Jack Grealish scored in Aston Villa’s 4-2 win against Birmingham on Sunday and described the goal as the best moment of his career.Aston Villa were trailing at home to Birmingham by the 28th minute, but a quick double in the 37th and 39th minute saw the hosts lead 2-1 going into halftime, and Grealish found the net with a header for the second goal.“Ever since I was a little kid at school, these were the games I dreamed of playing in and I am lucky enough to play in it,” Grealish told Sky Sports.Aston Villa explains why they spent so much money on players Manuel R. Medina – September 6, 2019 According to Aston Villa’s chief executive, the team needed to spend £144.5 million on 12 players in order to stay competitive.“But to score just brings it to another level and it is probably the favorite moment of my career so far.“I do not even think I have scored a header in my life, but Albert [Adomah] put a great ball in at the back stick and I could not miss really. When it went in I was over the moon.”
This document is subject to copyright. Apart from any fair dealing for the purpose of private study or research, no part may be reproduced without the written permission. The content is provided for information purposes only. Citation: Researchers demonstrate entanglement of two quantum bits inside of a semiconductor (2012, April 13) retrieved 18 August 2019 from https://phys.org/news/2012-04-entanglement-quantum-bits-semiconductor.html Large scale qubit generation for quantum computing © 2012 Phys.Org Explore further (Phys.org) — Research into quantum bits (qubits) for use in a quantum computer has become tied to entanglement, the still mysterious phenomenon whereby subatomic particles exist in an entangled state such that any change to one happens simultaneously to the other, without communication or the passage of time. The reason entanglement of qubits is so important to the future of a quantum computer is because they are able to represent both a “1” and “0” state at the same time and because actions that cause a change in one entangled particle also cause the same change in its partner, theoretically allowing for processing speeds to increase exponentially when adding more entangled qubits. Thus far though, attempts to create entangled particles inside of a semiconductor material have been difficult to measure, and thus verify, due to their short lives. Journal information: Science Now however, a small group of researchers from Harvard University has succeeded in entangling two quantum bits inside of a semiconductor and holding on to them long enough for them to be measured. They describe how they achieved this feat in their paper published in the journal Science.In essence the team overcame the inherent instability of entangled pairs by adding a second electron to the qubits in the semiconducting material which would allow them to be defined by their spin states; doing so they write, added a second level of immunity from decoherence, where the qubit reverts to either a “0” or a “1” after a very short period of time. To cause the actual entanglement, all that was needed was an electrical charge. To make sure that what they thought was happening inside the material truly was, they measured the sample using state tomography.This experiment shows that creating entangled pairs inside of a material such as the semiconductor used, is no more difficult than doing so with such techniques as manipulating calcium atoms in a laser ion trap, the trick though has been to get them to hold their state long enough to be measured, and that’s what this team has achieved. It also demonstrates a process that the team says could be scaled up, a very important element in building a quantum computer. But this of course, just a first step towards building a quantum computer because entangled pairs of qubits would need to be lined up some distance apart from one another to allow for the construction of circuits. Thus far the team has entangled qubits just a few hundred nanometers apart, the goal is to reach at least a micron. More information: Demonstration of Entanglement of Electrostatically Coupled Singlet-Triplet Qubits, Science 13 April 2012: Vol. 336 no. 6078 pp. 202-205. DOI: 10.1126/science.1217692ABSTRACTQuantum computers have the potential to solve certain problems faster than classical computers. To exploit their power, it is necessary to perform interqubit operations and generate entangled states. Spin qubits are a promising candidate for implementing a quantum processor because of their potential for scalability and miniaturization. However, their weak interactions with the environment, which lead to their long coherence times, make interqubit operations challenging. We performed a controlled two-qubit operation between singlet-triplet qubits using a dynamically decoupled sequence that maintains the two-qubit coupling while decoupling each qubit from its fluctuating environment. Using state tomography, we measured the full density matrix of the system and determined the concurrence and the fidelity of the generated state, providing proof of entanglement.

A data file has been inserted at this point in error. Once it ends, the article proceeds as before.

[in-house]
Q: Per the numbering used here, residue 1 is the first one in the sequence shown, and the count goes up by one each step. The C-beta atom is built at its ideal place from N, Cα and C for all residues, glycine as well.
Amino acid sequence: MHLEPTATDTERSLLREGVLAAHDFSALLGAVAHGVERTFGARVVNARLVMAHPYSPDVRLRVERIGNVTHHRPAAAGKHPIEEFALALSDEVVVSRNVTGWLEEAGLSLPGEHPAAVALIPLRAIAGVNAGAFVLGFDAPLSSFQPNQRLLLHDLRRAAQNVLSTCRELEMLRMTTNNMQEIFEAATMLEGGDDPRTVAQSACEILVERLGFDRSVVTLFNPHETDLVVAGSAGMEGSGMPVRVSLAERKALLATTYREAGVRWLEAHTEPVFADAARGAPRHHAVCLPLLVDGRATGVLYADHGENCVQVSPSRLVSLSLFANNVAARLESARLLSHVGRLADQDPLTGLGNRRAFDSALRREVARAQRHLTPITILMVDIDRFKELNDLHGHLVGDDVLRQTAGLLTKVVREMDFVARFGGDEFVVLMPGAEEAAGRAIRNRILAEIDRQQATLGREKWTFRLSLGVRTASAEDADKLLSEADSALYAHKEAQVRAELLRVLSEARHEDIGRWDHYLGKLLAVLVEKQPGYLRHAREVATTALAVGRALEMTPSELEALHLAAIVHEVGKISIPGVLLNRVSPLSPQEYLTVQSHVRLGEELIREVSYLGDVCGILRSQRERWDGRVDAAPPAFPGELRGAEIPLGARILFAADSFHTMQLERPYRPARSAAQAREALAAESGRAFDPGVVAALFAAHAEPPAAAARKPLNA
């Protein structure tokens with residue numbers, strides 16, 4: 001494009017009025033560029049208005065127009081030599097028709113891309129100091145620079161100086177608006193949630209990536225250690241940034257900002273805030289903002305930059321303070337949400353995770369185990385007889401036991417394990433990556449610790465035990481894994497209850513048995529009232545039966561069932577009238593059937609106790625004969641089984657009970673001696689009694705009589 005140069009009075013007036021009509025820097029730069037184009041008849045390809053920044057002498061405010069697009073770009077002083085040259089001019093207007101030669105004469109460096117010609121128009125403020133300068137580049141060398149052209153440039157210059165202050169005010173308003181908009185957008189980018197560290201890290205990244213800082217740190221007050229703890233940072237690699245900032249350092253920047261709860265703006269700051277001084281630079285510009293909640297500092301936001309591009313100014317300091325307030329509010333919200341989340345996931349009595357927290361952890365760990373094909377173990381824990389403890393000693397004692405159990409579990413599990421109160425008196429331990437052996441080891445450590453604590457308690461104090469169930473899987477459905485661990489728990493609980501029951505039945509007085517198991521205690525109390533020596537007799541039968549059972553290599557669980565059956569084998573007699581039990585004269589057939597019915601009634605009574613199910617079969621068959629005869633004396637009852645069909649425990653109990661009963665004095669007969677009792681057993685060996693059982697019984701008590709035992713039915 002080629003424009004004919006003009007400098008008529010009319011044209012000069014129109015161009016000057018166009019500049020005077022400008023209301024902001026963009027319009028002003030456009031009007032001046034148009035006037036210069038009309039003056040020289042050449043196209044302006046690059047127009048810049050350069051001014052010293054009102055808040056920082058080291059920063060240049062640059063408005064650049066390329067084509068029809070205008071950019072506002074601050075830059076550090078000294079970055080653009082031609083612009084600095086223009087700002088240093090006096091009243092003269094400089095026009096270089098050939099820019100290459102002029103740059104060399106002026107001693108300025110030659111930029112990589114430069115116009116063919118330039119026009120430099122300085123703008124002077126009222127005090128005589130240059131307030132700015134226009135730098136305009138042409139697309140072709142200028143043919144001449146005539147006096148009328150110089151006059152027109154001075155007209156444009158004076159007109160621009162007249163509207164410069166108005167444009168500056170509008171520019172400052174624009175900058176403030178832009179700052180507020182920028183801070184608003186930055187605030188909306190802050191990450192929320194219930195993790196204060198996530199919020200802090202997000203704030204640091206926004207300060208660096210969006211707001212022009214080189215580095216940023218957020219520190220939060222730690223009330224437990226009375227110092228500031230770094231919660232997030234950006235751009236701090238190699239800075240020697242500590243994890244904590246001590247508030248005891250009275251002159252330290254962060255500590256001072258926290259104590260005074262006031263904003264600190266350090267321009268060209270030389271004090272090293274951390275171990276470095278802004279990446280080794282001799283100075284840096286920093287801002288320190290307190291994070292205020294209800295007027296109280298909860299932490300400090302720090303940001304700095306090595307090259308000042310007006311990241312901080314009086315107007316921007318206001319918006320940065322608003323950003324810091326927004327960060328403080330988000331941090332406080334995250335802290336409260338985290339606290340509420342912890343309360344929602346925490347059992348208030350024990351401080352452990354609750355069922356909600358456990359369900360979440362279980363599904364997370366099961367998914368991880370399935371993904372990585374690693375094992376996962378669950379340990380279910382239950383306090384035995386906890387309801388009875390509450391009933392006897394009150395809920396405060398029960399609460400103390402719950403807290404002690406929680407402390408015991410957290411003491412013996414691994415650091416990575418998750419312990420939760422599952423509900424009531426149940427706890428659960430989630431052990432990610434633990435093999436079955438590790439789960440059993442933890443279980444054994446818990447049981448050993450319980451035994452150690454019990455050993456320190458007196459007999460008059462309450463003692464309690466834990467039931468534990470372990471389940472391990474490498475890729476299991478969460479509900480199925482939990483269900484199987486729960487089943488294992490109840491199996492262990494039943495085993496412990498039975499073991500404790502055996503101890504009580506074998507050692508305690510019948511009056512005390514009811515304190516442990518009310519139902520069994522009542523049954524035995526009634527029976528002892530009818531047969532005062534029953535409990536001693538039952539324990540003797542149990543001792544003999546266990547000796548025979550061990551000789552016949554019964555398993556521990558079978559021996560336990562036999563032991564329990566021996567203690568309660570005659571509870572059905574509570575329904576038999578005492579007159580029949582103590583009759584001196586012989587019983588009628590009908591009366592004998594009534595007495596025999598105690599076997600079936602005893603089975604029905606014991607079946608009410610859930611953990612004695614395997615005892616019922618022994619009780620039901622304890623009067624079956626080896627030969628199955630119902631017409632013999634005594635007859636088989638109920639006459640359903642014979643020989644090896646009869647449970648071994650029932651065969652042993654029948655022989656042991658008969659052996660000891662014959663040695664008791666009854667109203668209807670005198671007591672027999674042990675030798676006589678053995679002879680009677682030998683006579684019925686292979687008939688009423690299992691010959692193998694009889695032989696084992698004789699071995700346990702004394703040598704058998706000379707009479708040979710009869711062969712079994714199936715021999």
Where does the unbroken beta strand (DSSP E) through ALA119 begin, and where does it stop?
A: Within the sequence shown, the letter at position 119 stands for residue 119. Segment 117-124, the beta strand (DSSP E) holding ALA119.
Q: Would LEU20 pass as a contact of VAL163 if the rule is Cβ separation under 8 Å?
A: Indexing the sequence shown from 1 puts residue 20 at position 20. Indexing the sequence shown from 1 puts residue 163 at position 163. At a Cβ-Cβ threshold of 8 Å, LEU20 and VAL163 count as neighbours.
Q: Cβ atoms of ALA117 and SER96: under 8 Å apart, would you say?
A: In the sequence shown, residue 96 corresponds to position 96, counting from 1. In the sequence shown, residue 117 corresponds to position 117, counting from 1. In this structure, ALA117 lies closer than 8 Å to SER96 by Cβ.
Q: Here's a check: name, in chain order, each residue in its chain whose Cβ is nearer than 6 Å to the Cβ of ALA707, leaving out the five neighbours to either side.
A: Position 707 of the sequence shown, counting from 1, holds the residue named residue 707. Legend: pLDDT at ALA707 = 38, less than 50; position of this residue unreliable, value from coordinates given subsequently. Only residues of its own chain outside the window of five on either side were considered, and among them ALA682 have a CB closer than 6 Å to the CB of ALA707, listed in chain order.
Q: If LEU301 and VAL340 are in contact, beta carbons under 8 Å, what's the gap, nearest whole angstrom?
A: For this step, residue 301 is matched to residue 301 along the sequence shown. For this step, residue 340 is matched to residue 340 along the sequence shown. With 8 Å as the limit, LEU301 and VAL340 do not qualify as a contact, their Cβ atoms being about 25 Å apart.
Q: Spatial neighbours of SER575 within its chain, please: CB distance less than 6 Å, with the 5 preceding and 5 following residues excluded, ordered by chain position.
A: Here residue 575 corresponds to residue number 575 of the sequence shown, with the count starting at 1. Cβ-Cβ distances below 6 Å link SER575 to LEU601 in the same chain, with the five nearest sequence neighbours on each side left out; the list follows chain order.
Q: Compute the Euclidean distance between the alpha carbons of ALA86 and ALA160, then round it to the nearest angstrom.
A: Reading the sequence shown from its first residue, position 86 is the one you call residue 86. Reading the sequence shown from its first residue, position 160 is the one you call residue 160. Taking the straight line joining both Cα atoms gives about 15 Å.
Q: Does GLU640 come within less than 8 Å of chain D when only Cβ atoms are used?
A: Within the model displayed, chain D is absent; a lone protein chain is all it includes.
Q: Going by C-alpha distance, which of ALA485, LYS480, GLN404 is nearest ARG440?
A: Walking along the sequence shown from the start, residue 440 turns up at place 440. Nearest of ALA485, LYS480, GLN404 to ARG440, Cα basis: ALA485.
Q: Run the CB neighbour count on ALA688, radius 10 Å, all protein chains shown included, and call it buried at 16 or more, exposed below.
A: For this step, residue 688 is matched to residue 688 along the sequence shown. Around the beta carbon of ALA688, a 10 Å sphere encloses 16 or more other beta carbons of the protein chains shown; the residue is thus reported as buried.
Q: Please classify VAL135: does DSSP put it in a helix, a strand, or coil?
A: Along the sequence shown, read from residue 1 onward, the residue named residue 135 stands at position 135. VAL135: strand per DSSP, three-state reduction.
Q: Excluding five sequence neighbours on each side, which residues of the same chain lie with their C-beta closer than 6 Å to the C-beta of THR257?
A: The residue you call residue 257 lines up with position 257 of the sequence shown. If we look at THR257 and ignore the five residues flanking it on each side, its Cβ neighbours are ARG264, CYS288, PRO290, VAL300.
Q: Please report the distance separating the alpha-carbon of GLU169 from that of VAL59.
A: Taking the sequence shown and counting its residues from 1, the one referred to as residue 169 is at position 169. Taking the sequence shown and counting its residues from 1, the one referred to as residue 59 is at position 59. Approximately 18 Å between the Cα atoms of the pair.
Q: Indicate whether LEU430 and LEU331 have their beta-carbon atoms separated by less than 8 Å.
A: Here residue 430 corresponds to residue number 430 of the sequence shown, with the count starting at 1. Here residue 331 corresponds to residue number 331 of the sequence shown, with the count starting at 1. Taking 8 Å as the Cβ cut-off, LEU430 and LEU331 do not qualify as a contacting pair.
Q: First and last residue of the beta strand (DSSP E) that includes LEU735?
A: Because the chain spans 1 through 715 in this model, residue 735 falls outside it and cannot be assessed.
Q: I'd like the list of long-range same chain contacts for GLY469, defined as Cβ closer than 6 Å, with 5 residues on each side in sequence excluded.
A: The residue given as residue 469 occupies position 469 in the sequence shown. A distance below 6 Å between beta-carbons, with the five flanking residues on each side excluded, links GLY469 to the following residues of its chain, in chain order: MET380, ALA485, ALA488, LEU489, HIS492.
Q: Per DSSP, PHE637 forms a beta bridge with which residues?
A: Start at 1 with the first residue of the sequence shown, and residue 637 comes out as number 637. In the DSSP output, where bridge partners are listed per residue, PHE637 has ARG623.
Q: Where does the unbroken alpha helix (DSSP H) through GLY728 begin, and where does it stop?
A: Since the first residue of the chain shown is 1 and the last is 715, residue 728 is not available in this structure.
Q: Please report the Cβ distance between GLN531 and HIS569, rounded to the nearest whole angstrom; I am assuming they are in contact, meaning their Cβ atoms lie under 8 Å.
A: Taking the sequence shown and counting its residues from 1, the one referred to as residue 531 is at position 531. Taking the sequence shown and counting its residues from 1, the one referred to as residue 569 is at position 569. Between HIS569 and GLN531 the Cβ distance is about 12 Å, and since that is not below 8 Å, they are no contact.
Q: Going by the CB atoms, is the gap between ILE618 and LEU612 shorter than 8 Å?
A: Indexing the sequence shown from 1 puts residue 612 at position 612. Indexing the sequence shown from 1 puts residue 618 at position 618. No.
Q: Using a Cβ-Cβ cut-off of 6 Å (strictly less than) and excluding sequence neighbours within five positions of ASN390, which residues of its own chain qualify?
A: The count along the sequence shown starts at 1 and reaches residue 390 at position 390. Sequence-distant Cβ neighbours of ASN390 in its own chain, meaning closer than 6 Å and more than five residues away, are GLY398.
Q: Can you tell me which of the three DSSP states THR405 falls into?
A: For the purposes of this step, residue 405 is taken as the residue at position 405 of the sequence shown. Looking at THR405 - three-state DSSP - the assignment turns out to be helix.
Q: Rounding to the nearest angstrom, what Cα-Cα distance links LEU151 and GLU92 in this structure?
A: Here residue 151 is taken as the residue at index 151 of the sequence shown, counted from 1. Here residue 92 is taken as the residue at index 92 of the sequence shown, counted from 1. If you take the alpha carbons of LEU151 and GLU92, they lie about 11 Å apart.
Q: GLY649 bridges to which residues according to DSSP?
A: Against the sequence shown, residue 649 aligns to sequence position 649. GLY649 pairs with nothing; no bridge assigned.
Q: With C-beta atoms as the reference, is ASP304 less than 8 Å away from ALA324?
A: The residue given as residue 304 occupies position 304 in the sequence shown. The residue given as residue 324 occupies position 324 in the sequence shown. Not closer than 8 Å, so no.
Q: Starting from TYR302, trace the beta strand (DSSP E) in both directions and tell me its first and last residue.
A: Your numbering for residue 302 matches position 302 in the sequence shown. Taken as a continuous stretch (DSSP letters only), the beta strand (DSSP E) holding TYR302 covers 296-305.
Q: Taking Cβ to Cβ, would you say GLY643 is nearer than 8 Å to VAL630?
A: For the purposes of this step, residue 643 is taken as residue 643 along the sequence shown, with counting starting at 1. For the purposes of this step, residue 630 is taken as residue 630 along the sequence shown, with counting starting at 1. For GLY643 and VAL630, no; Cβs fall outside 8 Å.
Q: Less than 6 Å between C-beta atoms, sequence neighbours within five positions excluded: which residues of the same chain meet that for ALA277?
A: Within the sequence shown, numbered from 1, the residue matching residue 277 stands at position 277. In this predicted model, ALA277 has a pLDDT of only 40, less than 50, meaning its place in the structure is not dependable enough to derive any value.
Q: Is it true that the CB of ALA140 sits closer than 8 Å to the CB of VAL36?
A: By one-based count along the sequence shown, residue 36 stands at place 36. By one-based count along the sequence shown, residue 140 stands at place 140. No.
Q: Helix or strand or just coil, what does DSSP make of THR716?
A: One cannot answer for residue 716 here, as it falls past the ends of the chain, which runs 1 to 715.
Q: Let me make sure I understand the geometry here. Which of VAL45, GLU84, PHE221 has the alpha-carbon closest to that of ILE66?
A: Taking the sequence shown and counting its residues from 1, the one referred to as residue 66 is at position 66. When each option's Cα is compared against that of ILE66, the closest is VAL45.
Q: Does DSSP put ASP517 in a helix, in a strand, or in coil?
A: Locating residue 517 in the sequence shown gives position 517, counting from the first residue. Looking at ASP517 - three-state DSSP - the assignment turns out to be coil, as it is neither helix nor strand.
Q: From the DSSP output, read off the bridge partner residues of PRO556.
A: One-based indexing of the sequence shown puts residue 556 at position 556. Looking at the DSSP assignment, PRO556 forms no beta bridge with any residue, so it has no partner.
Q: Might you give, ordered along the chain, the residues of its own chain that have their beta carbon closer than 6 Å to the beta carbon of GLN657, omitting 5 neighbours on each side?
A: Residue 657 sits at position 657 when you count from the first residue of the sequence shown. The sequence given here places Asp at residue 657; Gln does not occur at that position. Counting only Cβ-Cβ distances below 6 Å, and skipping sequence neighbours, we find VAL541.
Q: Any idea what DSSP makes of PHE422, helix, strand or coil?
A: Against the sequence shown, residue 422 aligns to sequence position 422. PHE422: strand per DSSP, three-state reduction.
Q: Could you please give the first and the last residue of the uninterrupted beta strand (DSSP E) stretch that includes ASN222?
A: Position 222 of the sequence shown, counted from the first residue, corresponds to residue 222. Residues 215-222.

November 1, 2006 4 min read Microsoft’s Vista promises to be the next big thing in Windows computing–literally. Will your PC be PC enough for Vista when it drops a few weeks from now? If not, AMD and Intel might be able to brighten your holidays. They’ve begun shipping a new generation of more powerful dual-core processors, forcing bone-deep price cuts on “old” dual-cores and Pentium-class chips.Just about any new computer will run Vista Starter or Basic now. Less clear is how much PC you’ll need to make the most of the new Windows. It depends on how graphical you want to be. Will you run the 3-D Aero “glass” interface? Make VoIP calls? Create a video blog? Watch TV on your PC? The extra vroom needed might still fit your budget.The long run-up to Vista has been hard on people who sell PCs–but great for people who buy them. Sales have languished for most of the year with a corresponding buildup in chip inventories and softening in prices. Intel and AMD finally began slashing 40 percent or more off first-generation dual-core prices last quarter to make room for a new dual-core generation.Competition being what it is, most of those savings get passed on to PC buyers as a mix of lower prices and hardware improvements. As recent corporate earning releases show, PC sellers have been giving away margin until it hurts.But lucky for Microsoft, hardware companies are playing through the pain. It starts with Intel and AMD, who can’t seem to stop one-upping each other with ever-faster and cooler chips. Intel’s new Core 2 Duo family forces deep price cuts in first-generation Core Duos that haven’t even had time to lose that new-chip smell. And the long-running Pentium line? That’s over. AMD’s new AM2 platform has a less dramatic debut–primarily, bringing DDR2 and other memory innovations to the midrange Athlon 64 X2 and top-of-the-line Athlon 64 FX-62. State of ReadinessAt first glance, Vista’s hardware requirements don’t sound that onerous–an 800MHz CPU for basic versions, a 1GHz engine for the Aero interface. Vendors haven’t sold PCs that slow in years, although millions are still out there, doing their jobs faithfully every day. But it’s not enough just to run Windows. You also need enough PC for bigger, better software versions–starting with Microsoft Office.It’s odd that clock speed is emphasized, because memory is much more important. Figure on a full gigabyte of system memory to be “Vista Ready” for Aero–and better make that DDR2 memory. Also, choose a processor with as much cache memory behind as wide a front-side bus as you can afford. Get at least 1MB of L2 cache–2MB would be better–and 4MB would put snap in your apps. And pick a graphics adapter with at least 128MB dedicated video memory.The impact can be seen in recent performance tests where Intel’s second-generation Core 2 Duo processor did 40 percent more work running at 2.66GHz than a first-generation dual core did at 3.6GHz. Either of the twin engines in Core 2 Duo can tap the full 4MB of cache they share as needed, but each first-generation dual-core engine is limited to 2MB. Core 2 Duo’s engines also benefit from a one-third wider front-side bus to memory and other efficiencies in Intel’s new Core microarchitecture.But these improvements sure complicate shopping. You can depend on vendors to label which Windows XP systems they’re selling today are Vista Ready or Vista Capable. But to get the most for your money, you may need to weigh two or three different options in each of the memory categories.PC vendors have been blowing out last-generation models and filling their price points with new, more powerful configurations up and down the product line. For example, at this writing, Dell’s cheapest Core 2 Duo model was packed with 1GB DDR2, 4MB L2, a 1066MHz FSB and nVidia Geforce video with 256MB. Price: $1,600–including a 20-inch flat panel!There’s just a lot more PC under the average price tag now. And Vista? Not a problem–at least, not for new PCs.Mike Hogan is Entrepreneur’s technology editor. Free Webinar | Sept 5: Tips and Tools for Making Progress Toward Important Goals Attend this free webinar and learn how you can maximize efficiency while getting the most critical things done right. This story appears in the November 2006 issue of Entrepreneur. Subscribe » Register Now »